How Happiness Happens
Real happiness depends on first looking for God, who alone can make us happy.
What must I do to be happy? Is there a recipe out there I need to get hold of? If so, what are the ingredients? And how will I know which proportions to put in?
Blaise Pascal could certainly tell me, but the recipe he had in mind would not finally depend on anything I might do or not do. It is simply not possible, says Pascal, to arrive at real and lasting happiness as a result of following a recipe. Any more than one can obtain virtue by reading the right books. Not even his books. For all the good they contain, set down in language of the most astonishing clarity, in the end they cannot make anyone happy. Nothing we do is that empowering. Unlike sausage and pancakes, this is not a meal that anyone can make.
On the other hand, we are not completely helpless in the happiness sweepstakes. Because, however limited the exercise, reason and will do have a part to play in the matter of finding happiness. But not by any sort of direct frontal assault. Real happiness depends on first looking for something else, namely God, who alone is in a position to make us happy.
“There are only three sorts of people,” Pascal tells us in the Pensées, his unfinished masterpiece in defense of the Christian religion. “There are those who have found God and serve him; those who are busy seeking him and have not found him; those who live without either seeking or finding him. The first are reasonable and happy, the last are foolish and unhappy, those in the middle are unhappy and reasonable.”
A pretty steep learning curve, I’d say. And please note the planted axiom, which is that God may not wish to show himself to those who have set out to find him. At least not while the search goes on. Never mind showering them with happiness. And while it remains eminently reasonable that they continue to look for God, spending their lives in unceasing search of the absent deity, God is not the least bit constrained to reveal himself. It is not as if God, by some iron necessity of the universe, were required to give us a nice day. And so, if Pascal is right, what it all comes down to is that so long as the search goes on, happiness remains an elusive goal. And what does that mean but that, notwithstanding the sheer numbers of men and women in constant and frenetic search of it, happiness is not the supreme good. People whose lives, therefore, are obsessively organized around so illusory an imperative will need to be disabused. They will simply have to let go of their fixation.
This fact was given, it seems to me, quite withering confirmation in the following piece of advice offered to a young married couple by Father Julián Carrón, president of the Fraternity of Communion and Liberation. Asked to celebrate their wedding, he realized in talking to them that each was convinced that the other was there to make him/her happy. “And I made them understand that the other cannot make them happy, because their need for happiness (this elementary experience we all find inside, this need for truth, for beauty, for justice) is greater than the whole universe…”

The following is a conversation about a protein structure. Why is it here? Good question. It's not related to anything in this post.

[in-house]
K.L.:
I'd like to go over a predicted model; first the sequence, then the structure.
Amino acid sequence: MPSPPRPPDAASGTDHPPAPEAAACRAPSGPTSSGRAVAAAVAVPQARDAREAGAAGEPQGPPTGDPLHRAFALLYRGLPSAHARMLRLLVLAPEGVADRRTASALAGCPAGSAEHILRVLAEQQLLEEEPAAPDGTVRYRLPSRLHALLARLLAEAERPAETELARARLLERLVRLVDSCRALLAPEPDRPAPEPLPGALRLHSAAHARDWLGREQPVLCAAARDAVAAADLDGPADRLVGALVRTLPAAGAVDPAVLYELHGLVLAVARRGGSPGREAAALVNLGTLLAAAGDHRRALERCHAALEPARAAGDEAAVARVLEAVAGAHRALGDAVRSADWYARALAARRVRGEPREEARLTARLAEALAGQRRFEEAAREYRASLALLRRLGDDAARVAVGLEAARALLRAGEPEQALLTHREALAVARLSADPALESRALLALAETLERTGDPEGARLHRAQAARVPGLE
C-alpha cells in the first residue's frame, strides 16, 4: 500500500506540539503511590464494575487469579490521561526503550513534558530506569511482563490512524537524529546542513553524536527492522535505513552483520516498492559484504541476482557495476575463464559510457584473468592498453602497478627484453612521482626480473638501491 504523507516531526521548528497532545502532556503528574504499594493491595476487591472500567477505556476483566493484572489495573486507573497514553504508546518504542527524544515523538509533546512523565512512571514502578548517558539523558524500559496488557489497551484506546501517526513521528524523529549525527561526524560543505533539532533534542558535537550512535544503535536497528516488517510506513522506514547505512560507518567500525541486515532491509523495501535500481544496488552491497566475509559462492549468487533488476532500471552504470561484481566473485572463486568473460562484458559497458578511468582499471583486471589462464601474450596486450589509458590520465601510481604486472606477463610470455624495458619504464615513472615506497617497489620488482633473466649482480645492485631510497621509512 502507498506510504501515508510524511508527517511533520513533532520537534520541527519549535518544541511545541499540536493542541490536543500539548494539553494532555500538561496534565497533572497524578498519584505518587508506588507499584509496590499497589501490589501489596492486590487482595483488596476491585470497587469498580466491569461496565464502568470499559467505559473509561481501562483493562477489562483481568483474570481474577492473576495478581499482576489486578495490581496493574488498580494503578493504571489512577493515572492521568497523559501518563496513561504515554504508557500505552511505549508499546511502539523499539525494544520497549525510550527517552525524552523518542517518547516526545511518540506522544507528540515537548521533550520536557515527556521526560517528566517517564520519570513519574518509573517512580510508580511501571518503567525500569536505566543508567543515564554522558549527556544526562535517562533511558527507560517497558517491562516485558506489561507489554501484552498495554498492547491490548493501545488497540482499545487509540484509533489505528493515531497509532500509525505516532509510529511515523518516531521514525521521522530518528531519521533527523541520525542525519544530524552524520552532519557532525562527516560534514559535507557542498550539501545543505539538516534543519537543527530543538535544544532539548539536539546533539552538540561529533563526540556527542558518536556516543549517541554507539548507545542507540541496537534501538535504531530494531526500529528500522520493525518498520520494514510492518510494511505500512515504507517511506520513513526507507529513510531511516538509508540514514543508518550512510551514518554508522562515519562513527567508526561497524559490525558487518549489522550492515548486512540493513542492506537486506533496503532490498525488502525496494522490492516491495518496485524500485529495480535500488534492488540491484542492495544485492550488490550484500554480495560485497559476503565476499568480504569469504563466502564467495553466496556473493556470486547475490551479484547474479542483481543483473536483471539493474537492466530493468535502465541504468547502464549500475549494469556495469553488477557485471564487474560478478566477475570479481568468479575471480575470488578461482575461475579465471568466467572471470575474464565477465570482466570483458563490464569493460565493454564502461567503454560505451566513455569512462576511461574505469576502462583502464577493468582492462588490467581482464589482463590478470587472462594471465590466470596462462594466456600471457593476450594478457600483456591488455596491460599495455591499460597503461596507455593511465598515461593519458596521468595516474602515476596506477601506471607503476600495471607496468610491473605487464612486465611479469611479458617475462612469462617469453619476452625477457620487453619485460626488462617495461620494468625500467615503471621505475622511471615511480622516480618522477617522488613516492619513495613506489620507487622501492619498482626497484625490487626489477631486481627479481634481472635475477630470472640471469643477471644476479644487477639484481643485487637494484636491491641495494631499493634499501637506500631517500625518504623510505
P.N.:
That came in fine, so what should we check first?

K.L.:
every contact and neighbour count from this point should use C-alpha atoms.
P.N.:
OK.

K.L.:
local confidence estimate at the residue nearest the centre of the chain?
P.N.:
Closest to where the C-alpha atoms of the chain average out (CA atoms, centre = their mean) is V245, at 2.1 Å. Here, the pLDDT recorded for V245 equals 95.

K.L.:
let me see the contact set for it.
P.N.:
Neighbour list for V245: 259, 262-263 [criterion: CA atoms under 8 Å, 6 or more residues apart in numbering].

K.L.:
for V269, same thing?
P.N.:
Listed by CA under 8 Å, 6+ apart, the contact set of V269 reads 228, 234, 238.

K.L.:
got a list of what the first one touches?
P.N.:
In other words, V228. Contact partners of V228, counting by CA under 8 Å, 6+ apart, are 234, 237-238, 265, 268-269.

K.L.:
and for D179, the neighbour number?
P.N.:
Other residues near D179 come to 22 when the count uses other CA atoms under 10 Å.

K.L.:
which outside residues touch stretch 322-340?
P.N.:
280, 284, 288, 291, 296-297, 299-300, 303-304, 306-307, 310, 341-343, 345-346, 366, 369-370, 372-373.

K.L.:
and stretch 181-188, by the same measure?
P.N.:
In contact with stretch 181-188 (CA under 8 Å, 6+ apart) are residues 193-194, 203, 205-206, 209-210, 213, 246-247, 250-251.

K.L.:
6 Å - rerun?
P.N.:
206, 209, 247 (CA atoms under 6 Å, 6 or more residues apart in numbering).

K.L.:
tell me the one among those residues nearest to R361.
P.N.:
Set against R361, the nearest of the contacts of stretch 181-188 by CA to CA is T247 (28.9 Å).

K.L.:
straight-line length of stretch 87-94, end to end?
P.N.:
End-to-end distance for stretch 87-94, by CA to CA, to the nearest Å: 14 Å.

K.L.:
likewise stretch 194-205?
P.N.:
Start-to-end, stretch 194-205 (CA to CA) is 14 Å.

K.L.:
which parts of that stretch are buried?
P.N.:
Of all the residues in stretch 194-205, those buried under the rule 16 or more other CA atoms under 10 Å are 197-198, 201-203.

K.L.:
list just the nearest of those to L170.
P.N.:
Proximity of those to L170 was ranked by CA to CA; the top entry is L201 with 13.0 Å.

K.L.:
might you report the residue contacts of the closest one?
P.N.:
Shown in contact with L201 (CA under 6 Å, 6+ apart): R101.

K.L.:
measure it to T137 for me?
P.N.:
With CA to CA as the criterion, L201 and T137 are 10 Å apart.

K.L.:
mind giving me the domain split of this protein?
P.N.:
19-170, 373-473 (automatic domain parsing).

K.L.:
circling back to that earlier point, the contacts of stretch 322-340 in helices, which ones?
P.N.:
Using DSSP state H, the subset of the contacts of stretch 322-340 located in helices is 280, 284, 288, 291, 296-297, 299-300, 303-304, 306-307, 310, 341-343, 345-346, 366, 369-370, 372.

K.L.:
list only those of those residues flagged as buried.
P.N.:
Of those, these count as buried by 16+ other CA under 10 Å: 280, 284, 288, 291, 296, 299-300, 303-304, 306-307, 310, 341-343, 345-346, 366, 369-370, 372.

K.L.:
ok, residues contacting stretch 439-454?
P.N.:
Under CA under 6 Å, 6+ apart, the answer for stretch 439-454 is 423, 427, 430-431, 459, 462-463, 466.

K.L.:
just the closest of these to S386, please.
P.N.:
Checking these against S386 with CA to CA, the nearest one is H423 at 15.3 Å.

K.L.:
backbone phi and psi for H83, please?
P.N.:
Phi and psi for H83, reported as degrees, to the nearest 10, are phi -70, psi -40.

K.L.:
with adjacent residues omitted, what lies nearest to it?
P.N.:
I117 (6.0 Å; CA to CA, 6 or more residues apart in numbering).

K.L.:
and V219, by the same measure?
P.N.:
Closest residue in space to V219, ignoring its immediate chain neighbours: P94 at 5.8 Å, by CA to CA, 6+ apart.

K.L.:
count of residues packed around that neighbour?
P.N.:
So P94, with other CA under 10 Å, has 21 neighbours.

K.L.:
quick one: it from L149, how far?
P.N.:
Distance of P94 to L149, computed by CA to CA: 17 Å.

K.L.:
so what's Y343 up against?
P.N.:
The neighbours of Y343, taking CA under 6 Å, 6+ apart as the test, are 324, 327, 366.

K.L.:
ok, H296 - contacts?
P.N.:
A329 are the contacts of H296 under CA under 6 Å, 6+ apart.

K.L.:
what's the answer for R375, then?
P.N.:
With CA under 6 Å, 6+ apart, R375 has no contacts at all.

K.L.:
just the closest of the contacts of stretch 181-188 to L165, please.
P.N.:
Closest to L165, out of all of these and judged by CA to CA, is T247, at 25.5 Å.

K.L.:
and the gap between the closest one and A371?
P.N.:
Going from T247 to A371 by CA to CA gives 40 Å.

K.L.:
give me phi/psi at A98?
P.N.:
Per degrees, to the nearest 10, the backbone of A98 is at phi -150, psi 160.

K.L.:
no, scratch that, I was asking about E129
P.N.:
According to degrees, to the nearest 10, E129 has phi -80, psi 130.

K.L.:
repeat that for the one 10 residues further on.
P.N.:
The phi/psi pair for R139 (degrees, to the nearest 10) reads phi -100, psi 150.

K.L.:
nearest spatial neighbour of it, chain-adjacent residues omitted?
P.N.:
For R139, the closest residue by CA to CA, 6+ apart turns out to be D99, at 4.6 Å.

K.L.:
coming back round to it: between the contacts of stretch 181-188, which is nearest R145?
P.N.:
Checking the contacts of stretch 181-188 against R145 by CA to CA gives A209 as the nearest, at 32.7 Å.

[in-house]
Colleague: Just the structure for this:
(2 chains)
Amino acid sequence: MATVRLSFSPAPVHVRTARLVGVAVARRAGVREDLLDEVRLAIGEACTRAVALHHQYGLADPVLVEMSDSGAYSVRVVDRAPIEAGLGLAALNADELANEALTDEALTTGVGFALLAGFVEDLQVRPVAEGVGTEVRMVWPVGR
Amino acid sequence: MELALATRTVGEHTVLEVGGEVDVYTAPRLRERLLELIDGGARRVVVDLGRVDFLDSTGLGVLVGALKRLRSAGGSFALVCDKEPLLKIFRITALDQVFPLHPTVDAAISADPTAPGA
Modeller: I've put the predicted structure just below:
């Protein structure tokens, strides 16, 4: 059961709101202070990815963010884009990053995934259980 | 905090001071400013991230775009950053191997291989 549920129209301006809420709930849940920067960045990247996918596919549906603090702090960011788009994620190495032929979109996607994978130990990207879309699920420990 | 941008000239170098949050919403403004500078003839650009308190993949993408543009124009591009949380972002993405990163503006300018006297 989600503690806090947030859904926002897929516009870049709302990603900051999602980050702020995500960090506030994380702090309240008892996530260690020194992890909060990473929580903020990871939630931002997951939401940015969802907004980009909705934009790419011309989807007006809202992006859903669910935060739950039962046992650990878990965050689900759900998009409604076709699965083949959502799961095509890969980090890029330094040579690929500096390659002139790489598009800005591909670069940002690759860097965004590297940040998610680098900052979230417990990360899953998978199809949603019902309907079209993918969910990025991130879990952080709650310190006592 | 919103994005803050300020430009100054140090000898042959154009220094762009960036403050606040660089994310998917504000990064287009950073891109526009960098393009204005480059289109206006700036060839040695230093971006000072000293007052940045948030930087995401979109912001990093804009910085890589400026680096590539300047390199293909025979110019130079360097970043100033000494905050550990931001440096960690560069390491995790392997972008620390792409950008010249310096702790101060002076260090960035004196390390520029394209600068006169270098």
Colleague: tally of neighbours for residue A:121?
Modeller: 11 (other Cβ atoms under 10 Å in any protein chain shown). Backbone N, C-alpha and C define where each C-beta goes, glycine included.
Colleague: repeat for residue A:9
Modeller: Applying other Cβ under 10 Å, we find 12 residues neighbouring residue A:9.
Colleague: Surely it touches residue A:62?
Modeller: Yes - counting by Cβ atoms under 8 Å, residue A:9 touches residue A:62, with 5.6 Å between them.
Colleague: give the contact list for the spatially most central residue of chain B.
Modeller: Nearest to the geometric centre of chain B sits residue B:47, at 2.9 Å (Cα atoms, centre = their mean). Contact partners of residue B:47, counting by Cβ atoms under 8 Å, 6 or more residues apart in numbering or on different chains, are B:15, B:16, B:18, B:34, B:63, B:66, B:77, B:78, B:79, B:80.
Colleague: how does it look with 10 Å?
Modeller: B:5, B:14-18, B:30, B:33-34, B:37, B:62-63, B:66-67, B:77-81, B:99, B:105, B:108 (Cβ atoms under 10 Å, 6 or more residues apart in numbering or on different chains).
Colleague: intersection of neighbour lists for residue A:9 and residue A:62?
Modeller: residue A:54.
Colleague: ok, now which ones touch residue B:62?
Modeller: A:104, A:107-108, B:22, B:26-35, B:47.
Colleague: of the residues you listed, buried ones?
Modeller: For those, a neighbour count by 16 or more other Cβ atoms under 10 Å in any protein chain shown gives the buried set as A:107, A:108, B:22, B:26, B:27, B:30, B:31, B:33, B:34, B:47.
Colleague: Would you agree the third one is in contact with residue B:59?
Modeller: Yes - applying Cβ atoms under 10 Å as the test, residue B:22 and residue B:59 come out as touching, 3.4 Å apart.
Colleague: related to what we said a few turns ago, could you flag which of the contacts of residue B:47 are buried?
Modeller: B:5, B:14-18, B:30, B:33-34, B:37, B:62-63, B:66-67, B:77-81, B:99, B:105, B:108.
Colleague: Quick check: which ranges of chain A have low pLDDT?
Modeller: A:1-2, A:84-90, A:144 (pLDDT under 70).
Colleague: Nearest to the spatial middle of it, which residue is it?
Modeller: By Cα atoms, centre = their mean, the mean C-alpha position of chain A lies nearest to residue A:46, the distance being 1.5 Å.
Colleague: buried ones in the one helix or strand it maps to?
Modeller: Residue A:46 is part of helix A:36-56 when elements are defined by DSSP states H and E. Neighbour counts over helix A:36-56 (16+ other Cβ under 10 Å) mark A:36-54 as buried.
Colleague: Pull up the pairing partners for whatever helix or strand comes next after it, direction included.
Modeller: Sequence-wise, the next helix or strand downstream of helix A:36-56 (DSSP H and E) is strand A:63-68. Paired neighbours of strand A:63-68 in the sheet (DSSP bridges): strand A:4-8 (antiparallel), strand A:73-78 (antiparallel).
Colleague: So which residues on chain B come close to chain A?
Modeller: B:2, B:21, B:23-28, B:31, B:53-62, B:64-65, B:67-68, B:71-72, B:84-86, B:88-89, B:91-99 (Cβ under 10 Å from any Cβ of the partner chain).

Up against the attraction we ought to have for God, no more insistent than which can be imagined, everything else looks pretty paltry. “Everything is small, tiny,” he told them, “for the capacity of the soul: husband, wife, work, success, politics… If we do not understand this, we are like everyone else. Why? Because we confuse what we like with what corresponds to us.”
So, my happiness is not the defining theme of the universe? Not the centerpiece of this or any other cosmos? A fearsome prospect, to be sure, and probably un-American. But Carrón is spot on. “We must decide,” he tells us, “whether we want to take our need for happiness seriously… if we want to take our humanity seriously! Or do we want to do, as everyone does, what we want, what we like?” That way lies, not happiness, but madness and misery. Because, at the end of the day, if the standard, the governing norm for my life, is only what I want and what I like, then Christ becomes an optional extra, a disposable ingredient in a recipe that really does not need him at all.
How well Pope St. John Paul II understood this in his great encyclical on the moral life! “Acting is morally good,” he told us in Veritatis Splendor, “when the choices of freedom are in conformity with man’s true good and thus express the voluntary ordering of the person towards his ultimate end: God himself, the supreme good in whom man finds his full and perfect happiness” (Art 72).